¶8 We previously granted certiorari. We vacate the Court of Civil Appeals opinion, reverse the summary judgment granted by the trial court, and remand for further proceedings. The trial court erred in granting summary judgment, and abused its discretion in failing to grant the new trial motion, when summary judgment was clearly improper in this case.

¶9 The parties agree that the plaintiffs are private individuals and not public figures. In Gertz v. Robert Welch Inc., 418 U.S. 323, 94 S. Ct. 2997, 41 L. Ed. 2d 789 (1967), the United States Supreme Court allowed the states to define for themselves the appropriate standard of liability of the news media for defamatory falsehoods which injure a private individual. In Martin v. Griffin Television, Inc., 549 P.2d 85 (Okl. 1976), we adopted negligence as the standard of liability. We held that the news media must exercise ordinary care in reporting news stories concerning private individuals. We defined ordinary care as "that degree of care which ordinarily prudent persons engaged in the same kind of business usually exercise under similar circumstances" and determined that the "failure to exercise such ordinary care would be negligence." Martin, at p. 92.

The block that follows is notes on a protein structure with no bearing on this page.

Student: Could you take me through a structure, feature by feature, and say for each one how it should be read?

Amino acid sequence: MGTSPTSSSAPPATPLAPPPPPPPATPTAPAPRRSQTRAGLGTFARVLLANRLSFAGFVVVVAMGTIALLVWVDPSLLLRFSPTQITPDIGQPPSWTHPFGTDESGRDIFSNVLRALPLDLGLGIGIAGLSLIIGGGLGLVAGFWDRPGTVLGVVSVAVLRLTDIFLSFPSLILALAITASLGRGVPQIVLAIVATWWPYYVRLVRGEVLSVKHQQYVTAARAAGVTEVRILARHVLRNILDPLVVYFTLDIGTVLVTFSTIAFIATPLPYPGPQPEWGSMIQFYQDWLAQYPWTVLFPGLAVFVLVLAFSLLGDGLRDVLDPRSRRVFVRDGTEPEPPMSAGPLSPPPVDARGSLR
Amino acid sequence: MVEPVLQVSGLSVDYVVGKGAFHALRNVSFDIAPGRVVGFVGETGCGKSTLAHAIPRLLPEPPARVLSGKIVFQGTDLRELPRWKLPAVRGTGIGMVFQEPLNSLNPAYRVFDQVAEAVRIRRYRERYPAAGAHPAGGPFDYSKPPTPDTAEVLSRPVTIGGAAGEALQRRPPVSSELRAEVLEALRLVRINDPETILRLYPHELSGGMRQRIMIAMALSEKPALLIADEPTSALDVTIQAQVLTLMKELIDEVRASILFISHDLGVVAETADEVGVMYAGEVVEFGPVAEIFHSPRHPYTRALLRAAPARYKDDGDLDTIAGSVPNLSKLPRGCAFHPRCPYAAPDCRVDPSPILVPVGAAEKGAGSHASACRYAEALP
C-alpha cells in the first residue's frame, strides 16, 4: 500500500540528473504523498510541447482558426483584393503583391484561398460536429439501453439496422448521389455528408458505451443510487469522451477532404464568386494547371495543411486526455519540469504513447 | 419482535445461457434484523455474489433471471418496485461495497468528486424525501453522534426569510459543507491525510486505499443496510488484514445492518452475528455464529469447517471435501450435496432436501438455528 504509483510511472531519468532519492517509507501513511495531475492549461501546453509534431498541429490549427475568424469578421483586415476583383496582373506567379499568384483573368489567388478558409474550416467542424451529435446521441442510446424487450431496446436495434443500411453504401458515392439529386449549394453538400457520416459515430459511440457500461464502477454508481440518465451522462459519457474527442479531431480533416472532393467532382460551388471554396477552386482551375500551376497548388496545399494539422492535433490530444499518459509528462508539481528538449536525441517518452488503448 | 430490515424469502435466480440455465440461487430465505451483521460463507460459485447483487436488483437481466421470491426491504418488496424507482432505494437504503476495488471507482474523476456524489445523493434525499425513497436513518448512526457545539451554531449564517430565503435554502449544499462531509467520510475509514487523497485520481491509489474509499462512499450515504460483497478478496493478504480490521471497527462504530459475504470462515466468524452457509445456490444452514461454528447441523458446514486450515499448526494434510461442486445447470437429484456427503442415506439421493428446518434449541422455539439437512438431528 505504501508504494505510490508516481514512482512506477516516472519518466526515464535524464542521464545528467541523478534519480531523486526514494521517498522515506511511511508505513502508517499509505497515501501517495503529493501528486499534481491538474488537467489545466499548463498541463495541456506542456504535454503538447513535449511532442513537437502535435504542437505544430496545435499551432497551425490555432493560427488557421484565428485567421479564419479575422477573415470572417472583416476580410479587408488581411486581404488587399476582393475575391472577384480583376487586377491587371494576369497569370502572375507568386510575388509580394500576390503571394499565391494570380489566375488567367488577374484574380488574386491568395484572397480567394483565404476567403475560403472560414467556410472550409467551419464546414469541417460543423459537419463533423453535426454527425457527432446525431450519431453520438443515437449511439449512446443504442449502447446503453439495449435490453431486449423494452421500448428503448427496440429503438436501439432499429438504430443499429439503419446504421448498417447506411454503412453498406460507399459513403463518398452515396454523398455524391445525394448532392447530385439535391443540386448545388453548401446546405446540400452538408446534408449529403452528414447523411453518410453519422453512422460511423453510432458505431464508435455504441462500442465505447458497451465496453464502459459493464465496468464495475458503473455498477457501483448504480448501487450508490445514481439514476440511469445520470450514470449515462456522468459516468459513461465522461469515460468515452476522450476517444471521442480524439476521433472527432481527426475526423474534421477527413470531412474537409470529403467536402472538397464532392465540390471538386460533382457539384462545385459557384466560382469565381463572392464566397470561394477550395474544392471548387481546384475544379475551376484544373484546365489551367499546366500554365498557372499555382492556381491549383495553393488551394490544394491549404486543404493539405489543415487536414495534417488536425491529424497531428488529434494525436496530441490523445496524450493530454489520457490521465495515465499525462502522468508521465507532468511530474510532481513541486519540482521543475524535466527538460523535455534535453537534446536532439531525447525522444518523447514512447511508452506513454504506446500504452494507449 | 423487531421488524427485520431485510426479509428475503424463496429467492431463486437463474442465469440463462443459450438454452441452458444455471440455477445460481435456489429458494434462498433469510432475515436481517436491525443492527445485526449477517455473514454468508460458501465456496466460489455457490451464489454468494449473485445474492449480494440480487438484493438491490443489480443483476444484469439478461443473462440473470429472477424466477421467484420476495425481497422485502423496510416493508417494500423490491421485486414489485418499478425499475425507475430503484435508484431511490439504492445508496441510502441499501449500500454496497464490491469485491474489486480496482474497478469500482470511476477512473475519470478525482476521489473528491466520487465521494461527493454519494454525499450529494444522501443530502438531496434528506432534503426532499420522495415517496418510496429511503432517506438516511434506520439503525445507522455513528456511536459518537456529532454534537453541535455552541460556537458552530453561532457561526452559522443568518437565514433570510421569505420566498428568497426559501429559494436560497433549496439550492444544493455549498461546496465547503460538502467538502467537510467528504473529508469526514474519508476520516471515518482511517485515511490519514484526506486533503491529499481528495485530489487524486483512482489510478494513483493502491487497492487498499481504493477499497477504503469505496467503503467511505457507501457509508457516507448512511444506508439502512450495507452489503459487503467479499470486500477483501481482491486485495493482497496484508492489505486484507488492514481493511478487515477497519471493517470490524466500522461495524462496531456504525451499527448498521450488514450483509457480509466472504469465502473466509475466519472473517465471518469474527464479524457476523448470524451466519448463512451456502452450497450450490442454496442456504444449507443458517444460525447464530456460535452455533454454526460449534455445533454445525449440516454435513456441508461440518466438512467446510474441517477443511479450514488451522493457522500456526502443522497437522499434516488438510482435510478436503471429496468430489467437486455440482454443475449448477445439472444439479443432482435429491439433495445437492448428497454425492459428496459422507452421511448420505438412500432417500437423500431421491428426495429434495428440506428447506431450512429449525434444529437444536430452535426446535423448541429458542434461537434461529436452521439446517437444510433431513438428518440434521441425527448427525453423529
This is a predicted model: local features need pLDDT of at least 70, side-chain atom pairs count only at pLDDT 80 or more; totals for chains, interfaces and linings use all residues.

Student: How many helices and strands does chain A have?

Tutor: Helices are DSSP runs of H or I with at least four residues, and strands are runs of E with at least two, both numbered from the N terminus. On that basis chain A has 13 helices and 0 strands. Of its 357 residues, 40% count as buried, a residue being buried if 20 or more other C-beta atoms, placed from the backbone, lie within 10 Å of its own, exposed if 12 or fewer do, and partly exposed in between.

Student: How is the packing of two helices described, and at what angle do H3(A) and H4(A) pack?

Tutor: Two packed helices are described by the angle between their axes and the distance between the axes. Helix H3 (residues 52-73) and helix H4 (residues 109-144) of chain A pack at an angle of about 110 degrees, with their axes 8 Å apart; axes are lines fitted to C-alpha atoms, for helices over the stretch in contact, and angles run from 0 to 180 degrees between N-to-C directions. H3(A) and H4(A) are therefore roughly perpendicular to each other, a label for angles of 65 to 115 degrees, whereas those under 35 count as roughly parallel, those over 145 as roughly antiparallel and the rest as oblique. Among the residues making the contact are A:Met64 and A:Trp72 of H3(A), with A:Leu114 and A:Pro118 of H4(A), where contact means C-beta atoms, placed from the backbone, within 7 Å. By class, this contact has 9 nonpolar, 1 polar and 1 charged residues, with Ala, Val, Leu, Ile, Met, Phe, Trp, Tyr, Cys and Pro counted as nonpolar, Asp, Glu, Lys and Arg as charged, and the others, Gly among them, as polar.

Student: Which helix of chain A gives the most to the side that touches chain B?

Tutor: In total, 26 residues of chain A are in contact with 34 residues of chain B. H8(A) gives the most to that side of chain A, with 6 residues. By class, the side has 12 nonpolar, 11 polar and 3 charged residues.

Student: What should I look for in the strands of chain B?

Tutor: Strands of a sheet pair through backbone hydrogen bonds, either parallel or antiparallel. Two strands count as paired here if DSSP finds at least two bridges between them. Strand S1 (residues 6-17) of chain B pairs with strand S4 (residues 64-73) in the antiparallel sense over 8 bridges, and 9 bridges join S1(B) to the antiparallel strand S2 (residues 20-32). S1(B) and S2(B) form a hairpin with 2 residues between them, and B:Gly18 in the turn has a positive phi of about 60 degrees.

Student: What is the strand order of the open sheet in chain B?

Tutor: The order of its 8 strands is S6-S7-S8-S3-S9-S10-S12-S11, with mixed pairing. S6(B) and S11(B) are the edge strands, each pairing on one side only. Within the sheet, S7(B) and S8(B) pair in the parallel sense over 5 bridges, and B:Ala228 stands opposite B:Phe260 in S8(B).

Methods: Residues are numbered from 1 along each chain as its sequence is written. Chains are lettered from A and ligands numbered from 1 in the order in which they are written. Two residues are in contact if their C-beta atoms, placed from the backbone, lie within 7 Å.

¶10 We also indicated that the best evidence of ordinary of care is the degree of care which ordinarily prudent persons, engaged in the same kind of business, customarily have exercised and commonly do exercise under similar circumstances. See, Martin at p. 92, quoting Oklahoma Gas & Electric Co. v. Wilson, 172 Okl. 540, 45 P.2d 750 (1935), quoting Canadian Northern Ry. Co. v. Senske, 201 F. 637,642 (CCA8 1912). The Restatement Second, Torts § 580B, comment g, states that in defamation cases involving private individuals, evidence of customs and practices within the news profession, which may be relevant in determining whether ordinary care was practiced in a given situation, will normally come from an expert. Accordingly, the trial court erred when it determined that there was no evidence of negligence presented to the court.